CHICAGO (CBS) — A scathing set of reports on the shooting death of Laquan McDonald, kept under wraps for three years.
Sixteen police reports, one for each officer accused in the cover-up.
CBS 2 Investigator Megan Hickey has been digging into why the Inspector General recommended that 12 of the Chicago police officers be fired for their actions.
Sixteen reports for 16 officers connected to the October 20, 2014 shooting. Ironically the same number of shots that killed 17-year-old burglary suspect Laquan McDonald.
OIG: Van Dyke knew that McDonald was armed with a knife but he said he recalled a bulletin like this warning of a weapon that appeared to be a knife but was capable of firing a bullet. @cbschicago pic.twitter.com/4fCuMBDjmz
— Megan Hickey (@MeganHickeyTV) October 9, 2019
They were fired by Officer Jason Van Dyke. Convicted of second-degree murder last year and sentenced to more than six years in prison.
The city of Chicago’s Office of Inspector General, or OIG report authored in 2016, but released Wednesday, said he lied and dodged investigators from the OIG, failing to answer crucial questions.
It also thoroughly documents the ways that the OIG said Van Dyke’s police officer colleagues lied for him, filed false reports, failed to activate cameras and even loaded the batteries in their microphones upside down.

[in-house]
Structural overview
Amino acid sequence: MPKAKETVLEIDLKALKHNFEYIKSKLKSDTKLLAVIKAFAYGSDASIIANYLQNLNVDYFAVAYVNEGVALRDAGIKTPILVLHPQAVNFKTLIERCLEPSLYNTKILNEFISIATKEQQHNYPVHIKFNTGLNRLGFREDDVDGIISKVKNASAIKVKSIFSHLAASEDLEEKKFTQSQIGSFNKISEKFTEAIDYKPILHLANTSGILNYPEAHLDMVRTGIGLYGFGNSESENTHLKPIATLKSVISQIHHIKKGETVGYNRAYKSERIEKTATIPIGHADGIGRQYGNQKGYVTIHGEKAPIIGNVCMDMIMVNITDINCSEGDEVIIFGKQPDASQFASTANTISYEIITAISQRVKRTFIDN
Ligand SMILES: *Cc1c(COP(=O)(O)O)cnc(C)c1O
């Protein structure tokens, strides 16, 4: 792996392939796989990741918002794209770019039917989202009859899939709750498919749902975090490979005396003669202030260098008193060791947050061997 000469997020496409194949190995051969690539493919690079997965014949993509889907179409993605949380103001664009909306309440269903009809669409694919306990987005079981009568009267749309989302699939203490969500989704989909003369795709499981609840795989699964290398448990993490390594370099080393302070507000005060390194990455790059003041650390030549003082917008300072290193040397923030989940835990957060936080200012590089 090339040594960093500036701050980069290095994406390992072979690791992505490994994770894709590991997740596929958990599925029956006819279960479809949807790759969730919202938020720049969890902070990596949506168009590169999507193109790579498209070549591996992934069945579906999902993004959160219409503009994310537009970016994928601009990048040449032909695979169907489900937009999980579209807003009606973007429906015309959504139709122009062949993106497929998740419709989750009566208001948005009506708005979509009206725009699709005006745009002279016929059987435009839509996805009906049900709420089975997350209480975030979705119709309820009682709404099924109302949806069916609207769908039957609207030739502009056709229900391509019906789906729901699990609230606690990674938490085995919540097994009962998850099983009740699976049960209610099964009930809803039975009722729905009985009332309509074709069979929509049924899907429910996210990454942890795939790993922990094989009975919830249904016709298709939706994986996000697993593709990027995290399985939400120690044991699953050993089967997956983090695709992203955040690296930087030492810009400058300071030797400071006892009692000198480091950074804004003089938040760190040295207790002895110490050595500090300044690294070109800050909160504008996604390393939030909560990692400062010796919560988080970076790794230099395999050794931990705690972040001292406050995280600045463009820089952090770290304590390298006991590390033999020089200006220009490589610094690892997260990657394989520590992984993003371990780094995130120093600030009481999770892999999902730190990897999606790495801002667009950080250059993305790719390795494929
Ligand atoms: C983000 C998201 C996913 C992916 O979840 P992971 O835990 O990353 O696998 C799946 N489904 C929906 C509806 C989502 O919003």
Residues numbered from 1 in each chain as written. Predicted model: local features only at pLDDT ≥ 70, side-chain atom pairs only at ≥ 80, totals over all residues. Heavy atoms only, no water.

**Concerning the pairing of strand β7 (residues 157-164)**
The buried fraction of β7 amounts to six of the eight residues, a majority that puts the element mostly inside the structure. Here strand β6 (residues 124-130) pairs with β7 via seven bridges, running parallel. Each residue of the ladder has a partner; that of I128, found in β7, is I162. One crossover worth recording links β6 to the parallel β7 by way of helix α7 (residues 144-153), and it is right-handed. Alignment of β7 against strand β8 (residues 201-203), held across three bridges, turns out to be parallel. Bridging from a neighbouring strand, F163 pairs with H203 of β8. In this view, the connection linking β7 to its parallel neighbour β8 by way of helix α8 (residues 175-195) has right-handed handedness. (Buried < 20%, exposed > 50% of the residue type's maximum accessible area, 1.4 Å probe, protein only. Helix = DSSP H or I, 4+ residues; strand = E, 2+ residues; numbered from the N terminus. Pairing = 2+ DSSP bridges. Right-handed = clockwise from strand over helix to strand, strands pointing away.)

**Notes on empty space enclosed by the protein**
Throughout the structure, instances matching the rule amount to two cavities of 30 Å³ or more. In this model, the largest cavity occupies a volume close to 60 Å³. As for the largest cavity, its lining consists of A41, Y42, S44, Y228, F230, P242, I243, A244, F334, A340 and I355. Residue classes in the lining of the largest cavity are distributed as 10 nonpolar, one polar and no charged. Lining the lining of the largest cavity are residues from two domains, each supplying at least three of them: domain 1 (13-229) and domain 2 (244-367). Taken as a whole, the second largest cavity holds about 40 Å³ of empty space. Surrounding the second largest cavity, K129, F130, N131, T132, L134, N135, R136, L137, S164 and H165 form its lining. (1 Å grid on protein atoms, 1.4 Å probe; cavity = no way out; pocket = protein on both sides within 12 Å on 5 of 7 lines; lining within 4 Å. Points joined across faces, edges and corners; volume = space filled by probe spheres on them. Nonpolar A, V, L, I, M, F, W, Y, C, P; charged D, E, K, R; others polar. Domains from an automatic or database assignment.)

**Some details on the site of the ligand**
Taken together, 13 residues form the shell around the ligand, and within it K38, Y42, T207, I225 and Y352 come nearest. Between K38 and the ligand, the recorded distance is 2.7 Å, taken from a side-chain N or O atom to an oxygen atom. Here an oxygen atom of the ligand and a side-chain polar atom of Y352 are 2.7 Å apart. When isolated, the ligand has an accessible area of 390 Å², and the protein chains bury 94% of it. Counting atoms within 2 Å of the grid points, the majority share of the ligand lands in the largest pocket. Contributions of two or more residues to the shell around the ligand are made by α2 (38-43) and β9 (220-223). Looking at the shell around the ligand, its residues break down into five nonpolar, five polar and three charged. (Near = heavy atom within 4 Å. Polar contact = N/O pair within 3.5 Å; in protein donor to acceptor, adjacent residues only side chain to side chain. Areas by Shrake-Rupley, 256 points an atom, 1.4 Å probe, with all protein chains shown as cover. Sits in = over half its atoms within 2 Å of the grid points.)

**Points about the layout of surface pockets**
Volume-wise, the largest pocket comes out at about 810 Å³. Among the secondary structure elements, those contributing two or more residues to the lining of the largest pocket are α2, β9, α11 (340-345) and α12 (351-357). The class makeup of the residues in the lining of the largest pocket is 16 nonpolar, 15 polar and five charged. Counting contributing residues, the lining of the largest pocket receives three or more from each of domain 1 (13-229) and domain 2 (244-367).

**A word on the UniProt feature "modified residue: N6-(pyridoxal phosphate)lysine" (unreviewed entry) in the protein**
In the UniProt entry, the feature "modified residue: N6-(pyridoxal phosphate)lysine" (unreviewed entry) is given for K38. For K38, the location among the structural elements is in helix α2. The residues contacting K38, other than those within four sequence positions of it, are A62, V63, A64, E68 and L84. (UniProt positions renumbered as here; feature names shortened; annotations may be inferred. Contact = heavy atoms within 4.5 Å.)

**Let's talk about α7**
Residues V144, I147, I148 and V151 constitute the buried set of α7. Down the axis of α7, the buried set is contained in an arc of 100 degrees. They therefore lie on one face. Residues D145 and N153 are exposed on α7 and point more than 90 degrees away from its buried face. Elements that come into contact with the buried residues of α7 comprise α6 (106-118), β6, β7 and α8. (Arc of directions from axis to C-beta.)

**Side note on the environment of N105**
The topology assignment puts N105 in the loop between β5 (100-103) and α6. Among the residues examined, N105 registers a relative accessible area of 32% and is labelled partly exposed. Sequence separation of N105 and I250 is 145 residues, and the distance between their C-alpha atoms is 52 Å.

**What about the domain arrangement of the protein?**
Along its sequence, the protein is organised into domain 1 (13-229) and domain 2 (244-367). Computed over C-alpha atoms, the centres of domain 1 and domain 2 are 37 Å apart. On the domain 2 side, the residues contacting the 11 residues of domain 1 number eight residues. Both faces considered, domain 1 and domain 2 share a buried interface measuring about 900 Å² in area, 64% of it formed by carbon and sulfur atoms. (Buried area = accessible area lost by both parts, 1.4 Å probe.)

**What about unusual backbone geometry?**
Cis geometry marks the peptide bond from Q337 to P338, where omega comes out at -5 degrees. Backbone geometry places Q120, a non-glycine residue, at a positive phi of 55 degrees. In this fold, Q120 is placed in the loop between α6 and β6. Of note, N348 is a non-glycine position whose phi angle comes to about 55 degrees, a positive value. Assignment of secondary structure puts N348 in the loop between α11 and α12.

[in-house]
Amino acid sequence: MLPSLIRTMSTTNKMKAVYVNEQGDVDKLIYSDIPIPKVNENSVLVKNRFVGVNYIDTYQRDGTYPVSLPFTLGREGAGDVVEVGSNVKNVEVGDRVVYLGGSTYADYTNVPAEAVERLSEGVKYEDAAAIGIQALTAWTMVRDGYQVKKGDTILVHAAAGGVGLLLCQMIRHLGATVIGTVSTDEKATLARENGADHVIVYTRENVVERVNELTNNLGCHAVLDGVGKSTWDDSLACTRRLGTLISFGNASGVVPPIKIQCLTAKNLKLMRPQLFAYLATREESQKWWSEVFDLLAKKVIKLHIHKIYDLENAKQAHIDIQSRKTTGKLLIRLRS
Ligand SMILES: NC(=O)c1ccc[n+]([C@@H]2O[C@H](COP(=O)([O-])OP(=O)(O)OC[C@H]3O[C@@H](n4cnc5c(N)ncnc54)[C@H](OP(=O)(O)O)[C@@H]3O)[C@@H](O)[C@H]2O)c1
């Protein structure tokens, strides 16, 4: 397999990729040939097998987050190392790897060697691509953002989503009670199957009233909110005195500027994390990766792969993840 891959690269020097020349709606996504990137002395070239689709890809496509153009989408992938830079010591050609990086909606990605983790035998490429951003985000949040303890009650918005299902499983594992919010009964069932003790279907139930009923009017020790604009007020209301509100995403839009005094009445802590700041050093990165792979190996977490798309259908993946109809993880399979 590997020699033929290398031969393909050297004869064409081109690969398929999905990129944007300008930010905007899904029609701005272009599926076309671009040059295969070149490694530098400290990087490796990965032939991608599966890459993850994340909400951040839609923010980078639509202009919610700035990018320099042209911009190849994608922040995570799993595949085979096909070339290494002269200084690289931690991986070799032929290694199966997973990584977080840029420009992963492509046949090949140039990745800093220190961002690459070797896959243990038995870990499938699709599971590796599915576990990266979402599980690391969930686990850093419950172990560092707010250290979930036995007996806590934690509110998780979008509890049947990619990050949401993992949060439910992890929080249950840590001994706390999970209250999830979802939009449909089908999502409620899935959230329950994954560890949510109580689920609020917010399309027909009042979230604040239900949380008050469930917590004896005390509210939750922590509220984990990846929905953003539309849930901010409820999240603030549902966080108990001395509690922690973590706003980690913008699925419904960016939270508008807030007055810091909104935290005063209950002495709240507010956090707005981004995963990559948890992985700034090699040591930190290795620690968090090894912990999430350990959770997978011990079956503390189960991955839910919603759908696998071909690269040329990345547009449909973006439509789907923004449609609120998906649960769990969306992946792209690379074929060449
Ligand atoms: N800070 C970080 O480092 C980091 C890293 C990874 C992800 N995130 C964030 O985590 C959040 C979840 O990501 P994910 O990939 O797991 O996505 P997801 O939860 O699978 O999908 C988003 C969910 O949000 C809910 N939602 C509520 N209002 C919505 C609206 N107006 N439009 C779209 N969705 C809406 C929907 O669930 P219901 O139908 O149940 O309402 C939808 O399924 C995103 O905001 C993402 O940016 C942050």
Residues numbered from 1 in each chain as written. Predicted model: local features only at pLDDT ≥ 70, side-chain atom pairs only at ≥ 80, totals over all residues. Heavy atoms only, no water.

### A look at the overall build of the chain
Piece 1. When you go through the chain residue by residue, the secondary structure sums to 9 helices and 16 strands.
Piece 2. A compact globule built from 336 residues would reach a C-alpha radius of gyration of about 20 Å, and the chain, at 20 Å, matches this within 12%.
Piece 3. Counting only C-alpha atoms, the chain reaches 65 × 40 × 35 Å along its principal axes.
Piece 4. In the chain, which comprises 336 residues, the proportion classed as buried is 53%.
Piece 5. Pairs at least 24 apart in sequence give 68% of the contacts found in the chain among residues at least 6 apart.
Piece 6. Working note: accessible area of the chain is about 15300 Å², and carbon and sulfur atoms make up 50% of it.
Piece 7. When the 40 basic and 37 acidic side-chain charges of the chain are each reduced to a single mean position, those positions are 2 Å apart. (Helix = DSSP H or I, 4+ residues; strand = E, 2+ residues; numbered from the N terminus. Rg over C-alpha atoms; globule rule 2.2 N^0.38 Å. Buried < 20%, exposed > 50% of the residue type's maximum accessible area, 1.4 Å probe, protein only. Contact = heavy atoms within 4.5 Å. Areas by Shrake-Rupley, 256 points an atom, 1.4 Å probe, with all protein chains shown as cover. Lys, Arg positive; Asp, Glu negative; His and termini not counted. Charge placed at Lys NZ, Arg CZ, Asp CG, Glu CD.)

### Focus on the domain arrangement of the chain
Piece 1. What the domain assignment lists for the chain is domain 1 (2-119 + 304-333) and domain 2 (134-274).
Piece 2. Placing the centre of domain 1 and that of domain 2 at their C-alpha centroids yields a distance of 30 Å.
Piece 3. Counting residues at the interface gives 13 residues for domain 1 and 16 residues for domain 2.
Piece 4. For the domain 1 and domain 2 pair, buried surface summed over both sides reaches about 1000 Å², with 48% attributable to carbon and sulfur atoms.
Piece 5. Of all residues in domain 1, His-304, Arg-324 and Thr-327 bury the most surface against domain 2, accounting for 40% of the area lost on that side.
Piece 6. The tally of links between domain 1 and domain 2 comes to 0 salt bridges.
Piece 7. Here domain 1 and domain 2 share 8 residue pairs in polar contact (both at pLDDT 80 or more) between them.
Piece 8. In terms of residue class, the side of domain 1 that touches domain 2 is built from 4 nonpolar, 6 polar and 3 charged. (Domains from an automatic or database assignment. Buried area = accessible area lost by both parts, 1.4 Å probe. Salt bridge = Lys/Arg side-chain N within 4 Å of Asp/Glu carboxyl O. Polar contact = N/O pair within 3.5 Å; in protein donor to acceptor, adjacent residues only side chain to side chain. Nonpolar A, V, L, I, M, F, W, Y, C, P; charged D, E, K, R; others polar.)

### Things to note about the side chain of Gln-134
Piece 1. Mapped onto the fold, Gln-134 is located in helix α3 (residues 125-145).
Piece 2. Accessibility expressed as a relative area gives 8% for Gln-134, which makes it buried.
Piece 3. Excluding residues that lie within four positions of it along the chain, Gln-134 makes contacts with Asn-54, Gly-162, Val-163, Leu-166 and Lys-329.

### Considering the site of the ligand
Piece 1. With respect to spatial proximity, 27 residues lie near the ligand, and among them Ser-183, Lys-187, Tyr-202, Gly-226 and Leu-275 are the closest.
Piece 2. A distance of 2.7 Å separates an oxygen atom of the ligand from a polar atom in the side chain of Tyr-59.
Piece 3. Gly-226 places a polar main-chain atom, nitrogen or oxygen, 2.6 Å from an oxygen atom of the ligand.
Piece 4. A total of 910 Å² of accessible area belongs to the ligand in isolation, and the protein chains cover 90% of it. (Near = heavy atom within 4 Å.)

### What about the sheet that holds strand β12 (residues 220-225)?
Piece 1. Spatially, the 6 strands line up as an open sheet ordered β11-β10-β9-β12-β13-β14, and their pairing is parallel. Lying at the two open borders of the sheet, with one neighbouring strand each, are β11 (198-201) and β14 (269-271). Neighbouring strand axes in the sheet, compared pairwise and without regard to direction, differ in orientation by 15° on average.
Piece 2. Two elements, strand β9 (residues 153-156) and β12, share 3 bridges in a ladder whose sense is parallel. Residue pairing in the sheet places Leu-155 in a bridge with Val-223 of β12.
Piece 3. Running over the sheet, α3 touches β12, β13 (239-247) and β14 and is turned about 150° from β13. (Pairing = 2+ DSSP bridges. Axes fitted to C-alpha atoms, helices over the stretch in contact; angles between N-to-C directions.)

The OIG said their actions prevented CPD from collecting potentially important, objective evidence of the McDonald shooting. Leading to heightened public outrage.
The video evidence that does exist proved many statements wrong. Including the claim by several officers that McDonald was walking towards them when he was shot, when in fact he was walking away.
Several officers also falsely stated that they heard Van Dyke say “drop the knife.”
So what happened to those recommendations?
In July, three Chicago police officers and a police sergeant were fired. Sgt. Stephen Franko, and officers Janet Mondragon, Daphne Sebastian and Ricardo Viramontes.
You’ll remember that in January 2019, three current and former officers were acquitted of criminal charges.
They were officer Joseph Walsh, Officer Thomas Gaffney and ex-detective David March.
Other officers have retired or resigned. Of the remaining officers, CPD said Dora Fontaine is the only one still employed by the Chicago Police Department.
The CPD members who were fired this summer have filed lawsuits fighting their termination.